STUMP » Articles » French Retirement Ages, Social Security Benefit Cuts to Come, and What is Sustainable » 17 February 2023, 08:55

Where Stu & MP spout off about everything.

French Retirement Ages, Social Security Benefit Cuts to Come, and What is Sustainable  


17 February 2023, 08:55

Let us check in with France as it seems they’re on round 4 or 5 (for this season) of protesting raising the retirement age from 62 to the unconscionable decrepit age of 64 years.

WSJ: French Workers Hold Fresh Strikes Against Macron’s Pension Overhaul

Thousands of people went on strike and took to the streets Thursday to protest French President Emmanuel Macron’s plan to raise the country’s retirement age, turning up the pressure on his government as parliamentary debates over the measures intensify.

For the fifth time in four weeks, teachers, train drivers, nurses, oil-refinery staff and other workers marched in demonstrations from Paris to Marseille. The protests are aimed at pressuring the Macron government to reverse a plan to raise the retirement age to 64 years old from 62 by 2030.

The protests have shaken support for Mr. Macron’s plan in the National Assembly, France’s lower house of parliament. A handful of lawmakers from Mr. Macron’s party, Renaissance, and its centrist allies have threatened to vote against the pension bill. Conservative party Les Républicains remains divided over the proposed measures, with some members tacking to the left of Mr. Macron and demanding more exceptions to the retirement-age increase.


The French are Revolting!


Let’s get some background. I found some Wikipedia pages for the “seasons” of pension reform strikes/protests that are all related:

2023 French pension reform strikes

2019–2020 French pension reform strike

2010 French pension reform strikes

There were also strikes in 1995, but that wasn’t strictly about general pension reform (though one group was grumpy about a proposal about losing the right to retire at age 55).

One of the main issues is that noted French politician François Mitterrand had dropped the full retirement age down to 60 years back in 1983, which was an absurdly low level even then. Before Mitterand’s move, the retirement age had been 65 years, which was pretty standard across OECD nations (more below).

Over time, they managed to move the full retirement age back up to 65, but there was an early retirement age of 62 — similar to the earliest age one can claim Social Security old-age benefits.

That said, longevity for the French has been extending, just as it has in the U.S. and other developed nations.

Comparing longevity in retirement

But the main problem, of course, is that France has an absurdly low age at which one can take a fairly substantial retirement benefit, and while the U.S. has bumped up its full retirement age for my generation (Gen X) and younger folks to 67 years old, the French are still providing substantial pensions for many at age 62 and having a full retirement age at 65.

I found a paper comparing OECD systems from 2011, so the data are a little dated. Some of the countries profiled have changed their “pensionable ages” since 2011, especially given the Global Financial Crisis of 2008-2010.

However, here is a selection of some of the OECD countries, plus the OECD average, with the male life expectancy from pensionable age (as this tends to be lower than the female life expectancy).

from Table 1.3 of “Pensions at a Glance 2011” – chapter on Pensionable Age and Life Expectancy

France really is the highest in the entire OECD group. You can see the point at which the pensionable age was dropped to 60 and then slightly adjusted to 62.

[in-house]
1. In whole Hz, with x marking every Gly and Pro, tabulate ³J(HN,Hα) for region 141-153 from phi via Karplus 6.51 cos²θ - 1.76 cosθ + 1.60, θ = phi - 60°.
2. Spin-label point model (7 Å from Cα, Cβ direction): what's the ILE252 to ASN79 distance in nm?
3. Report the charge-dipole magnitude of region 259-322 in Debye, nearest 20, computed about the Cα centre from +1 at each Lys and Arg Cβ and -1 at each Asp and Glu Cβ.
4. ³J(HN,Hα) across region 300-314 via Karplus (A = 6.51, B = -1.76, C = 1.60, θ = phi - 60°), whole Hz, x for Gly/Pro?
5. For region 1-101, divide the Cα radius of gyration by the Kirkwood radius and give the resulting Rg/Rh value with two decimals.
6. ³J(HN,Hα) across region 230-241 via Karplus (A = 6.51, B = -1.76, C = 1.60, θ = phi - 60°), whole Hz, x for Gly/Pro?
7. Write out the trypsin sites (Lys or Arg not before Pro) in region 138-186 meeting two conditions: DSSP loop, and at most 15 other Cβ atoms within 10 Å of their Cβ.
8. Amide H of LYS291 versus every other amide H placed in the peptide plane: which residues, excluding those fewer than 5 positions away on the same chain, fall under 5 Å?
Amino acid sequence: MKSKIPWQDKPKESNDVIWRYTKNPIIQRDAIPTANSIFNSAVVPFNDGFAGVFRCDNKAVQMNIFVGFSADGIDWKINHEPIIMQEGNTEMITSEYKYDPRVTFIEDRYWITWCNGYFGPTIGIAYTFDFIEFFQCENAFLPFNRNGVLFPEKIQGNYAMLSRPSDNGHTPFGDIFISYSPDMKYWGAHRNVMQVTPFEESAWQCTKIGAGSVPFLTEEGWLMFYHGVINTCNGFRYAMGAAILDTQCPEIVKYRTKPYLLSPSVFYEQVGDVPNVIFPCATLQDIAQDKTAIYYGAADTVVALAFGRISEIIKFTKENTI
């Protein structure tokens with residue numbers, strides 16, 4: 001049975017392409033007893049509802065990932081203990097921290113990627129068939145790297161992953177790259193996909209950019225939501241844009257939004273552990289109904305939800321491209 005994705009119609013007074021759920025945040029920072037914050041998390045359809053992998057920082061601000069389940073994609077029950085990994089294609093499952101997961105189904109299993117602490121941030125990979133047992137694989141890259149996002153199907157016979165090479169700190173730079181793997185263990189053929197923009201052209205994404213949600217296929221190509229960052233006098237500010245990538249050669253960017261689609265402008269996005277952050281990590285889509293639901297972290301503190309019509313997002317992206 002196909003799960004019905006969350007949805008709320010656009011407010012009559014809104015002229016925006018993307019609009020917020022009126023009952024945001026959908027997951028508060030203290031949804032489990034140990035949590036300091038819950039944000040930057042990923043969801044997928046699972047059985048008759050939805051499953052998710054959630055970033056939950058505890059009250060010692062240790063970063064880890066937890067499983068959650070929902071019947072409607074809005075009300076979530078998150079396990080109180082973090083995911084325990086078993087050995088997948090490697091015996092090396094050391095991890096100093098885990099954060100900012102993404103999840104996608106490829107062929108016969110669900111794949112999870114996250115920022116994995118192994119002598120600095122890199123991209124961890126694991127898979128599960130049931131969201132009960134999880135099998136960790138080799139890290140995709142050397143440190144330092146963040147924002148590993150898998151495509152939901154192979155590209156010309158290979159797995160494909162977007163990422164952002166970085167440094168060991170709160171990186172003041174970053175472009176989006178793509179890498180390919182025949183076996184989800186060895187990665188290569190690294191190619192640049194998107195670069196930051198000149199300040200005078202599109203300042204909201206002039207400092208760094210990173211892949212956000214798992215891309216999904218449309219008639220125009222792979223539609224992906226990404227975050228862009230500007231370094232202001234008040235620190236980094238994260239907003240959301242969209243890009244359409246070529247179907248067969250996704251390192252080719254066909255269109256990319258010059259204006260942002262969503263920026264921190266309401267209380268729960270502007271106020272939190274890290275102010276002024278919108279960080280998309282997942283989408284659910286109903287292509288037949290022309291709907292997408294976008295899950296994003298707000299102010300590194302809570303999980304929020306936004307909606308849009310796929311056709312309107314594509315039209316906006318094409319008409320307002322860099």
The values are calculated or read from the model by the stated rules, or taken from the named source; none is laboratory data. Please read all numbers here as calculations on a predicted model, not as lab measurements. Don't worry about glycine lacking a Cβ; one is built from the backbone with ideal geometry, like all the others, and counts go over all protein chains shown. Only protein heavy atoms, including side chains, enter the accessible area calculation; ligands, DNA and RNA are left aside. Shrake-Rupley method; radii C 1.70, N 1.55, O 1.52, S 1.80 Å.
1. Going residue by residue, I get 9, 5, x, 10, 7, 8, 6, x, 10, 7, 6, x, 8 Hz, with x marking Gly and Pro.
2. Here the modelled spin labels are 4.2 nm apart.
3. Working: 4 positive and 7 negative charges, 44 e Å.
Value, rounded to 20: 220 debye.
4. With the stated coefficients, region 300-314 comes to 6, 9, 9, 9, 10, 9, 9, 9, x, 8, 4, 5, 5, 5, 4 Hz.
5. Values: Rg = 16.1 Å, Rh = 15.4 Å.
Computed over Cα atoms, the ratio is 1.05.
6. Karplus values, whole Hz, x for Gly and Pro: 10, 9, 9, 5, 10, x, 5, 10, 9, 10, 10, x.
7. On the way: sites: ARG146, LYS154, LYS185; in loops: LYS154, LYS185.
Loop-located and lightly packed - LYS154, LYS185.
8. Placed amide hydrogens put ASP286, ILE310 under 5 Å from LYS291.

But while France has a severe problem, note the OECD average and all but the UK line, are generally increasing. (Though, in reality, due to bad mortality trends in the USA since 2011, and I’m not talking about the pandemic…. that’s for another time….)

Basically, France has the most acute issue in terms of how long these retirement cash flows are expected to last.

But pretty much all the OECD countries have an issue…. like the U.S. and Social Security.

Social Security is also a problem, but not an acute problem yet

This is being hyped up right now by Biden with respect to his budget battles (or, rather, debt limit battles) with House Republicans.

Reason: Social Security and Medicare Cuts Are Coming, Whether Politicians Do It or Not

President Joe Biden tweeted last week that he will be a “nightmare” for Republicans who dream of cutting Social Security and Medicare. With this statement, Biden showed that he’s either shockingly ignorant about these two programs and any Republican reform efforts—or lack thereof—or just another politician who washes his hands of what happens when he’s out of office and the programs hit upcoming obstacles.

I have an idea which one it is. However, before revealing my guess, it’s worth revisiting the issue more fully. Each time I write about Social Security and Medicare, newspapers receive letters to the editors revealing how little the general public understands about entitlement spending and where it’s headed. This misunderstanding is particularly acute and ominous when it comes to Social Security.


Consider Social Security. The program is funded by a payroll tax of 12.4 percent. The revenues collected don’t belong to the workers except in the sense that paying taxes makes us eligible to receive Social Security when we retire. But these revenues don’t go into accounts with our names on them. Instead, they are used to fund payments made to current retirees. It’s a pay-as-you-go system, not an investment account. In the former, adjustments are sometimes necessary.


Consider again Social Security. Right now, benefits paid out come from the payroll tax as well as money borrowed by the Treasury. Why does the Treasury do that? Because Social Security has a trust fund with about $2.6 trillion in IOUs that it can redeem when the payroll tax isn’t covering all the benefits. That’s been the case since 2010.